most instruments could not operate. However, magnetometer data from one of
the daughters is still useful (although it will be somewhat complicated to
analyse) and will allow two- point measurements of the magnetic field.
Because of the partial failure (of systems under NASA´s responsibility) and

the fact that this is a highly interesting mission a proposal for a second
mission, Auroral Turbulence II, was approved by NASA in 1995. After this a
collaboration was initiated between Danish Techni cal University, Sodankylä

Observatory and Alfvén Laboratory in order to develop a digital fluxgate
magnetometer for the Auroral Turbulence II mission to be ready in 1996.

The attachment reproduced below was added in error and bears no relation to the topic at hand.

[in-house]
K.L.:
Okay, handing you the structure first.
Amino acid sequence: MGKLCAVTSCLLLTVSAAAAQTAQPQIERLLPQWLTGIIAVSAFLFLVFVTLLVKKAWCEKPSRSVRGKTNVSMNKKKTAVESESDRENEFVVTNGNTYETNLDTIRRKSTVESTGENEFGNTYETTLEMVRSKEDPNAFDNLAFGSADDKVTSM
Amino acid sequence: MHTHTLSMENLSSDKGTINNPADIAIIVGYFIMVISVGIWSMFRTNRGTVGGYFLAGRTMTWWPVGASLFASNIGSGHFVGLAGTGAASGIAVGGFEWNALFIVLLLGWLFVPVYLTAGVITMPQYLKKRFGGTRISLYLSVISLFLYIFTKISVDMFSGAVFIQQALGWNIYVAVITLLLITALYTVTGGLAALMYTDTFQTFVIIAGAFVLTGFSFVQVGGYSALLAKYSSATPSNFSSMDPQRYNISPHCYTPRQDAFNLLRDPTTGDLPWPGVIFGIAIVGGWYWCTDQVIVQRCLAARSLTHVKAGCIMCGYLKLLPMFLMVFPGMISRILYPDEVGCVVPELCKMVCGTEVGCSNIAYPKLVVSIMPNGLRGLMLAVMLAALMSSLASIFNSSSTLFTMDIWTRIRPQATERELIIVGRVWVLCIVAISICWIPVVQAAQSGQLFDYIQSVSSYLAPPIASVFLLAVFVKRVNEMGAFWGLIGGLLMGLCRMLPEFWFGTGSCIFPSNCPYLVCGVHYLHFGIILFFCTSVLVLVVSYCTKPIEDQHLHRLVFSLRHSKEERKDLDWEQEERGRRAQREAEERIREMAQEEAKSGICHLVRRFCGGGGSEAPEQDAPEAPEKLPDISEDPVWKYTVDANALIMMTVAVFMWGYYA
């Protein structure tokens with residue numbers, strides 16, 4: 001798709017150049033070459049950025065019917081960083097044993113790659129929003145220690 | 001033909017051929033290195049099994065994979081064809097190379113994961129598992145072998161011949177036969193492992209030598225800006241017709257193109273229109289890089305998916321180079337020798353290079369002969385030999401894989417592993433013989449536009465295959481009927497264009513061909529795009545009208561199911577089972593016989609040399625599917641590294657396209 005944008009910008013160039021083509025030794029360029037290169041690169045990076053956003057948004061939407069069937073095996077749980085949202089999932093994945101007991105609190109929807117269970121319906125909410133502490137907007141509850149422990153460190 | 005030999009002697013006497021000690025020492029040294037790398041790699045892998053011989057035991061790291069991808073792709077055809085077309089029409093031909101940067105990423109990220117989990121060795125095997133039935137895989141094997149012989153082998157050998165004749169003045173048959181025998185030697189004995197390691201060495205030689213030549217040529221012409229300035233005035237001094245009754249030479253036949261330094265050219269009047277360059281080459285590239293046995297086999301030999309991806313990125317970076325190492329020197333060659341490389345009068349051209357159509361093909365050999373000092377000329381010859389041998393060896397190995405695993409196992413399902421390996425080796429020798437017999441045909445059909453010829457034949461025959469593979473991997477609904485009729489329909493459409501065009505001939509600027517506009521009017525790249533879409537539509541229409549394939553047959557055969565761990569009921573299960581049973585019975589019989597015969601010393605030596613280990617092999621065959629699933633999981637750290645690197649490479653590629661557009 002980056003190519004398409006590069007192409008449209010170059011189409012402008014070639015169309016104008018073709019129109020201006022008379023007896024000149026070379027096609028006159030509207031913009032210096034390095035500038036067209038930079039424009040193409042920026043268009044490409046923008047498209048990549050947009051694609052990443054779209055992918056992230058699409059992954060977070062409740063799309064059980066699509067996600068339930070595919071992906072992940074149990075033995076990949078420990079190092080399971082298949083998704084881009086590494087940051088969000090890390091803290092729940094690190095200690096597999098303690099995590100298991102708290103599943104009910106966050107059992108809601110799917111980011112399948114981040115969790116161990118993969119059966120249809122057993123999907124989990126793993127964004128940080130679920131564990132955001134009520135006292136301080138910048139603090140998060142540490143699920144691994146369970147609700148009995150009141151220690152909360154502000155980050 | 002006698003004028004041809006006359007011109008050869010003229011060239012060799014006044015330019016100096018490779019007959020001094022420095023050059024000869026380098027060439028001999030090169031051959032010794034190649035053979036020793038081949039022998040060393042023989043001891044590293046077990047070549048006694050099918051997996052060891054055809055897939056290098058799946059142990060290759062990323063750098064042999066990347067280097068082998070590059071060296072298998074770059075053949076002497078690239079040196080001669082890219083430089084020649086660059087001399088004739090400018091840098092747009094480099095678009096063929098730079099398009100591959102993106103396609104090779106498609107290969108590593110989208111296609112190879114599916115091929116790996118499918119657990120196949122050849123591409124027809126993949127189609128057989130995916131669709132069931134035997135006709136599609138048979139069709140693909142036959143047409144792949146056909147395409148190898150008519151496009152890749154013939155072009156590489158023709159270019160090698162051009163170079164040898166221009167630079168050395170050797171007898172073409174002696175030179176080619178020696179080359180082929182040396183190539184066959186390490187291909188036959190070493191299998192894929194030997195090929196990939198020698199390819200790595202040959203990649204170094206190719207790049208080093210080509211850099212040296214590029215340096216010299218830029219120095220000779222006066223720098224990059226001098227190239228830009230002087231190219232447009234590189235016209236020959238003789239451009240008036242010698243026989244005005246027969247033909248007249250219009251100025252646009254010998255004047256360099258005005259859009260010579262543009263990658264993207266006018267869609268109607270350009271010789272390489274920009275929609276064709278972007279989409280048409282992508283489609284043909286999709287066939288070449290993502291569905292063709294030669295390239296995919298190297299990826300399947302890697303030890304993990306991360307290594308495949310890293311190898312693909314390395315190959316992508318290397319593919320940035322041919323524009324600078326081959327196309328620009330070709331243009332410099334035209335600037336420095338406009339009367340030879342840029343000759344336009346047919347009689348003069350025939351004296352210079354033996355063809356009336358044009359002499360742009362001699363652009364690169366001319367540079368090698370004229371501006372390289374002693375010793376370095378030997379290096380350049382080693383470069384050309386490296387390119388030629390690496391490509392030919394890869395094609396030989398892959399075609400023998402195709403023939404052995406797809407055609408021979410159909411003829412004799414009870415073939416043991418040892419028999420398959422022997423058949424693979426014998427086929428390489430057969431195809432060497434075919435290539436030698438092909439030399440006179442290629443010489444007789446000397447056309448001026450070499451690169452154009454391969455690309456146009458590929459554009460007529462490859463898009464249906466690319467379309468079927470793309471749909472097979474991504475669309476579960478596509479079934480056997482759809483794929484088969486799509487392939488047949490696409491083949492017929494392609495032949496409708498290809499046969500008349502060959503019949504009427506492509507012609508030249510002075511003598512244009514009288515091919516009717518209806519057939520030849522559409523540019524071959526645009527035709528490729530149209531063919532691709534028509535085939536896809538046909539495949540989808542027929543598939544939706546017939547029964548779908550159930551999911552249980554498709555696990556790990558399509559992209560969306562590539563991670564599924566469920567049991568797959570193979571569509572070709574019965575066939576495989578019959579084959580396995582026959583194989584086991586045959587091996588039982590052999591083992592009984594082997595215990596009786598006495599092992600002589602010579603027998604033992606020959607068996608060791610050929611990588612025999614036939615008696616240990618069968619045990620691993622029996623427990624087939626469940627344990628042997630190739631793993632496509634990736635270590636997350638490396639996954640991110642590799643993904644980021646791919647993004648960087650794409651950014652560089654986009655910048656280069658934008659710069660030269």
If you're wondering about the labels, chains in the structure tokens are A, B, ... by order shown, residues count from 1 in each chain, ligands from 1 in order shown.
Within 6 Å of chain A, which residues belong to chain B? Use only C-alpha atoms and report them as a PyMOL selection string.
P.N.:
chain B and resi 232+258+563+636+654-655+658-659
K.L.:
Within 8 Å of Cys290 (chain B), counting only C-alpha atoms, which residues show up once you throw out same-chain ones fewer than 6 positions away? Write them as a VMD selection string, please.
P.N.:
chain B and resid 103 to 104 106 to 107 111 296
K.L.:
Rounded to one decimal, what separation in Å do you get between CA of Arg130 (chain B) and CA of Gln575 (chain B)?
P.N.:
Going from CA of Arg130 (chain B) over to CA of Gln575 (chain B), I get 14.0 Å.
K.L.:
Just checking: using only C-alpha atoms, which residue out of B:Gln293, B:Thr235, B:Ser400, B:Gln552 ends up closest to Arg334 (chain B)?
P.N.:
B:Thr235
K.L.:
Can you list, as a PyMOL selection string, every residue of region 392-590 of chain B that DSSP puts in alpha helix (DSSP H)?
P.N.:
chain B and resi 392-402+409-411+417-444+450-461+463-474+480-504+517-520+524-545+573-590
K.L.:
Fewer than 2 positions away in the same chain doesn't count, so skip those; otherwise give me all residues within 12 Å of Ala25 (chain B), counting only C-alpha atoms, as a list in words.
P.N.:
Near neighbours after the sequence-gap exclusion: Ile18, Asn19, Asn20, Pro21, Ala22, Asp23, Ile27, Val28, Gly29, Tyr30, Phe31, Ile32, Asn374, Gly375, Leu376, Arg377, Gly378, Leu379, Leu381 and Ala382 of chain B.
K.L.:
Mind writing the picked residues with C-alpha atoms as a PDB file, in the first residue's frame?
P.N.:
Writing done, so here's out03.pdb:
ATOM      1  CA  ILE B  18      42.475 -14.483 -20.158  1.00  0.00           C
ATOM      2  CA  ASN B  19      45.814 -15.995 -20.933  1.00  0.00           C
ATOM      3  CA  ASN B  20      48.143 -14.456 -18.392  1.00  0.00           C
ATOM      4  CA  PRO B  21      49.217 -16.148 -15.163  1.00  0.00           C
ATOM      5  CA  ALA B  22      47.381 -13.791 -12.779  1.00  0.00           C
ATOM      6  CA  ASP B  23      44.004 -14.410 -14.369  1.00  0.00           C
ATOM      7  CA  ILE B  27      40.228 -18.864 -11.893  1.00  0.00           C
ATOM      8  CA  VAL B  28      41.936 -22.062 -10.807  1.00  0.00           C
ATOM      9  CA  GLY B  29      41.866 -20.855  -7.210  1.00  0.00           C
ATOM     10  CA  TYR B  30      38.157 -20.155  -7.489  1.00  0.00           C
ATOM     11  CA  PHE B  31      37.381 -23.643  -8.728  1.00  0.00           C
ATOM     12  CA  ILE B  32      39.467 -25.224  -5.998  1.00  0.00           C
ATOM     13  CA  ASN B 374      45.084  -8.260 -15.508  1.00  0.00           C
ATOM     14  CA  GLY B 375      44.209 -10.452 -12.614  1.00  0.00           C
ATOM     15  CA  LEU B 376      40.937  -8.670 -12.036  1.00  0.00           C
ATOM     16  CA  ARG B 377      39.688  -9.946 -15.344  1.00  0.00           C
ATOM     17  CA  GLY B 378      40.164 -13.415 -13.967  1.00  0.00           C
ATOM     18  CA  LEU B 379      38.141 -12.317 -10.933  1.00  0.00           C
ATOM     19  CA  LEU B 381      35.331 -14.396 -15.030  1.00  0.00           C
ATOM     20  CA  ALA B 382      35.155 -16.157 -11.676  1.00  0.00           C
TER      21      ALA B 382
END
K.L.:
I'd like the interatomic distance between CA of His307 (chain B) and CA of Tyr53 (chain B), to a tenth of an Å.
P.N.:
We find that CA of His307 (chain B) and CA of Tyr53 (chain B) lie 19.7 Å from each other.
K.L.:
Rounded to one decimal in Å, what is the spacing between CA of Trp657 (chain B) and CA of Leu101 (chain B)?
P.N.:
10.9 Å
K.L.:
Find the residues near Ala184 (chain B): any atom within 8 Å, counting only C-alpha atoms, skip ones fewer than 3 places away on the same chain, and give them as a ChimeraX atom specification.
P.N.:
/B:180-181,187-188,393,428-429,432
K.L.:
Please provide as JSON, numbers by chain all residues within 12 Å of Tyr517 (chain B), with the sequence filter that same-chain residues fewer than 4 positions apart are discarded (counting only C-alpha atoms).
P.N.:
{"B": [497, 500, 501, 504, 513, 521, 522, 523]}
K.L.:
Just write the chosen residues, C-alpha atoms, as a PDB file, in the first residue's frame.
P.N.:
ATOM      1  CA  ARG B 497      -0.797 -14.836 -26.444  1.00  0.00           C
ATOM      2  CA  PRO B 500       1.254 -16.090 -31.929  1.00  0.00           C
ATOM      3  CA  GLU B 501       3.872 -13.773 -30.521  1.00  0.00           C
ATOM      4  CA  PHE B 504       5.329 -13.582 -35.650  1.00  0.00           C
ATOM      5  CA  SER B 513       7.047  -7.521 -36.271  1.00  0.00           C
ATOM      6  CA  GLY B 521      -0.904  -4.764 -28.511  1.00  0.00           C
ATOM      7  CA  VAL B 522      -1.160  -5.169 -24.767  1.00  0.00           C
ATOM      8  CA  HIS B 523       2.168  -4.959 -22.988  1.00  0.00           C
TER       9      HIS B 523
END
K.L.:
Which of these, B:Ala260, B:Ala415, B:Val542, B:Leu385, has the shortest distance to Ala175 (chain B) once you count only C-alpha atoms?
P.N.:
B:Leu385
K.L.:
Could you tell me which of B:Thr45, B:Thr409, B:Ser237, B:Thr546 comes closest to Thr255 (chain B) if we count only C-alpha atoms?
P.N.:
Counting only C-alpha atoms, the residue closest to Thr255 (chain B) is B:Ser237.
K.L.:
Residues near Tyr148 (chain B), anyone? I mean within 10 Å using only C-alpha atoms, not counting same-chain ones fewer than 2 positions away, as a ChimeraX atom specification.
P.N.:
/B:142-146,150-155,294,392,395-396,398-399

The Division's involvement in satellite experiments started gradually with
participation in international projects such as GEOS-1, GEOS-2 and ISEE
(International Sun Earth Explorer) and came to full fruition with the first

Swedish satellite, Viking, launched in 1986 and which carried an electric
field experiment entirely built by the Division of Plasma Physics. In 1992
the second Swedish satellite Freja, including an electric field instrument
developed at the Alfvén Laboratory, was launched.


The Alfvén Laboratory group is responsible for the double-probe electric
field instrument on the Swedish Freja satellite. Freja has now been
operating for more than three years and the electric field experiment has
been fully operational throughout this time. The strongest electric fields
ever observed in space plasmas (more than 2 V/m), associated with low-
conductivity regions such as east-west-aligned optically black bands or
vortex streets of black auroral curls, have been discovered by the Freja
double-probe instrument. It has been found that these intense electric
fields are often diverging and possibly associated with downward electric